In Thai: นกกระสาใหญ่, nok kra-saa yai
Binomial name: Ardea sumatrana, Thomas Stamford Raffles, 1822
The great-billed heron (Ardea sumatrana) is a wading bird of the heron family, Ardeidae, resident from southeast Asia to Papua New Guinea and Australia. Its habitats are largely coastal such as islands, coral reefs, mangroves, large rivers. However, occasionally, it can be found inland in shallow ponds.
It feeds in shallow water, spearing fish with its long, sharp bill. It will wait motionless for prey, or slowly stalk its victim.
The great-billed heron is a large bird, typically standing 114 – 115 cm tall and weighing up to 2.6 kg. It is larger than the purple heron, which it resembles in appearance, although it is larger and darker. The plumage is largely dark grey above. In flight, it has a uniform dark grey upperwing.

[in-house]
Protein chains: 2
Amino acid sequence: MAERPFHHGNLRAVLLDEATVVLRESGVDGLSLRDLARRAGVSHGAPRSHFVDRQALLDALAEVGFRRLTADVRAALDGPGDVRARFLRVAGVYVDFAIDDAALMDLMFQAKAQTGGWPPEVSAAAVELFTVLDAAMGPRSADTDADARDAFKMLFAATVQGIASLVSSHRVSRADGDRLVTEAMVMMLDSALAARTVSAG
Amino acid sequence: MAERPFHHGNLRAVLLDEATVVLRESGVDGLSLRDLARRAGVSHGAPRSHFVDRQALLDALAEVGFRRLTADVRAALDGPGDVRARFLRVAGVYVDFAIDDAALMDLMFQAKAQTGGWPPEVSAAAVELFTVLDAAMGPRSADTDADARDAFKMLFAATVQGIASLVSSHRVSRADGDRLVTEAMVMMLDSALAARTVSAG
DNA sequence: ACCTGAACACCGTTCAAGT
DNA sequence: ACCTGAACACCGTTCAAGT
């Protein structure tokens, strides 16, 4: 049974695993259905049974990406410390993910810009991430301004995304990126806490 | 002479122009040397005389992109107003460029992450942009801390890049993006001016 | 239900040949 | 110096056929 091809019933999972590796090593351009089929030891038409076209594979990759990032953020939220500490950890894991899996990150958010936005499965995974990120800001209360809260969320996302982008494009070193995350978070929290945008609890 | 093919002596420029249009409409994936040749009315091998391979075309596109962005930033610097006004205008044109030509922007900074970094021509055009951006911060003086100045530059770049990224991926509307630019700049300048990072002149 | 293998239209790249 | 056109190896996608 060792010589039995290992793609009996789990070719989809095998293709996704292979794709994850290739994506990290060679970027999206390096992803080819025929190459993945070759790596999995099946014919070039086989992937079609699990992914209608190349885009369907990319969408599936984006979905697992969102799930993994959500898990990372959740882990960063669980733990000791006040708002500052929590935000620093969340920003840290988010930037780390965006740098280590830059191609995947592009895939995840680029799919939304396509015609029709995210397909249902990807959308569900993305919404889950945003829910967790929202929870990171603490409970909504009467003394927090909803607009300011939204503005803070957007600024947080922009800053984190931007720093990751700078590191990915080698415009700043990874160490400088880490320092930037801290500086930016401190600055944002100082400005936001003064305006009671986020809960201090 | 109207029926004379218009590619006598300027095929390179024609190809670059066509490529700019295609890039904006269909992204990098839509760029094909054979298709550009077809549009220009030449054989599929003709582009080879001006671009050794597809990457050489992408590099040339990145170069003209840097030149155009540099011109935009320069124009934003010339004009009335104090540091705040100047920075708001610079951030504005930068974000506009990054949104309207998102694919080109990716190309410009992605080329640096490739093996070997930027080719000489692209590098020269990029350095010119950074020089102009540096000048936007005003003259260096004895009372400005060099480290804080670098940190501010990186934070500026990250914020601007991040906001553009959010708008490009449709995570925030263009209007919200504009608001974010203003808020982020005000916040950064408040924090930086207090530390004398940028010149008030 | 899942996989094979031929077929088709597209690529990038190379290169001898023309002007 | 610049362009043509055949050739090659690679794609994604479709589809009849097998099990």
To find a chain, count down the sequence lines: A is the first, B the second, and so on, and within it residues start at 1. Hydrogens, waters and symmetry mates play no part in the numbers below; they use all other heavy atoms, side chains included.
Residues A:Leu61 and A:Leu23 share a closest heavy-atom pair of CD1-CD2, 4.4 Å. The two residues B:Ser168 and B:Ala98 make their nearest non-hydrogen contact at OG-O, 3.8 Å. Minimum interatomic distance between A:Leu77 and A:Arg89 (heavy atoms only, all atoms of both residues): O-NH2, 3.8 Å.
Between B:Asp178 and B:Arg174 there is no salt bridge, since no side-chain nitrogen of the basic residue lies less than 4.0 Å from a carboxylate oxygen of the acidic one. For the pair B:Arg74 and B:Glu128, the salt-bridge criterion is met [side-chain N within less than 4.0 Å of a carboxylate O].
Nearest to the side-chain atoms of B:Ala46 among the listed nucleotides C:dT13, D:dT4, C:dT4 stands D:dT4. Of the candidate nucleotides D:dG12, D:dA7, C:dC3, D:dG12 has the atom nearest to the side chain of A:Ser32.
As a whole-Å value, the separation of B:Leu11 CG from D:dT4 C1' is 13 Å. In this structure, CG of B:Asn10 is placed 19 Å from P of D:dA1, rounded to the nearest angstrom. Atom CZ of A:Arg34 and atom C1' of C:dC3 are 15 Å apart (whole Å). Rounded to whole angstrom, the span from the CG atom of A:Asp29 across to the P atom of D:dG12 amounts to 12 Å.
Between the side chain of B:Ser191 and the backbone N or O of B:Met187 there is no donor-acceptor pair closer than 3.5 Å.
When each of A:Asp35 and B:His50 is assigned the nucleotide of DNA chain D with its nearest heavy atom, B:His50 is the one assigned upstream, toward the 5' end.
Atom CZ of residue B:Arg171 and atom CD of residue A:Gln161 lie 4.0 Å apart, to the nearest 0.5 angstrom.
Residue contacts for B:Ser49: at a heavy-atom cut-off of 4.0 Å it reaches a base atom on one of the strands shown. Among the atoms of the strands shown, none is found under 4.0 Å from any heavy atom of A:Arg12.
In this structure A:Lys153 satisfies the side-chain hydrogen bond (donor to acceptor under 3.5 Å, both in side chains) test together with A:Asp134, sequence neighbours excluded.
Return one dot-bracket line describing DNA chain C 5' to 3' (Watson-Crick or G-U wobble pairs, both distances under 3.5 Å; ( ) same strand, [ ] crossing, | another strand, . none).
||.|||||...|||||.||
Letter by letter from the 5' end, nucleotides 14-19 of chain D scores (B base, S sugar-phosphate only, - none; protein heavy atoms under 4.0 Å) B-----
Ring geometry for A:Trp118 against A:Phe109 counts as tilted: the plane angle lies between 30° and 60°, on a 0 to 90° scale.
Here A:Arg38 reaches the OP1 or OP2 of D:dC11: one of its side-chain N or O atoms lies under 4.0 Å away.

The flight is slow, with its neck retracted. This is characteristic of herons and bitterns, and distinguishes them from storks, cranes and spoonbills, which extend their necks.
Widespread throughout its large range, the great-billed heron is evaluated as Least Concern on the IUCN Red List of Threatened Species.
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- Ardea sumatrana
- Thai: นกกระสาใหญ่, nok kra-saa yai
Least Concern (IUCN3.1)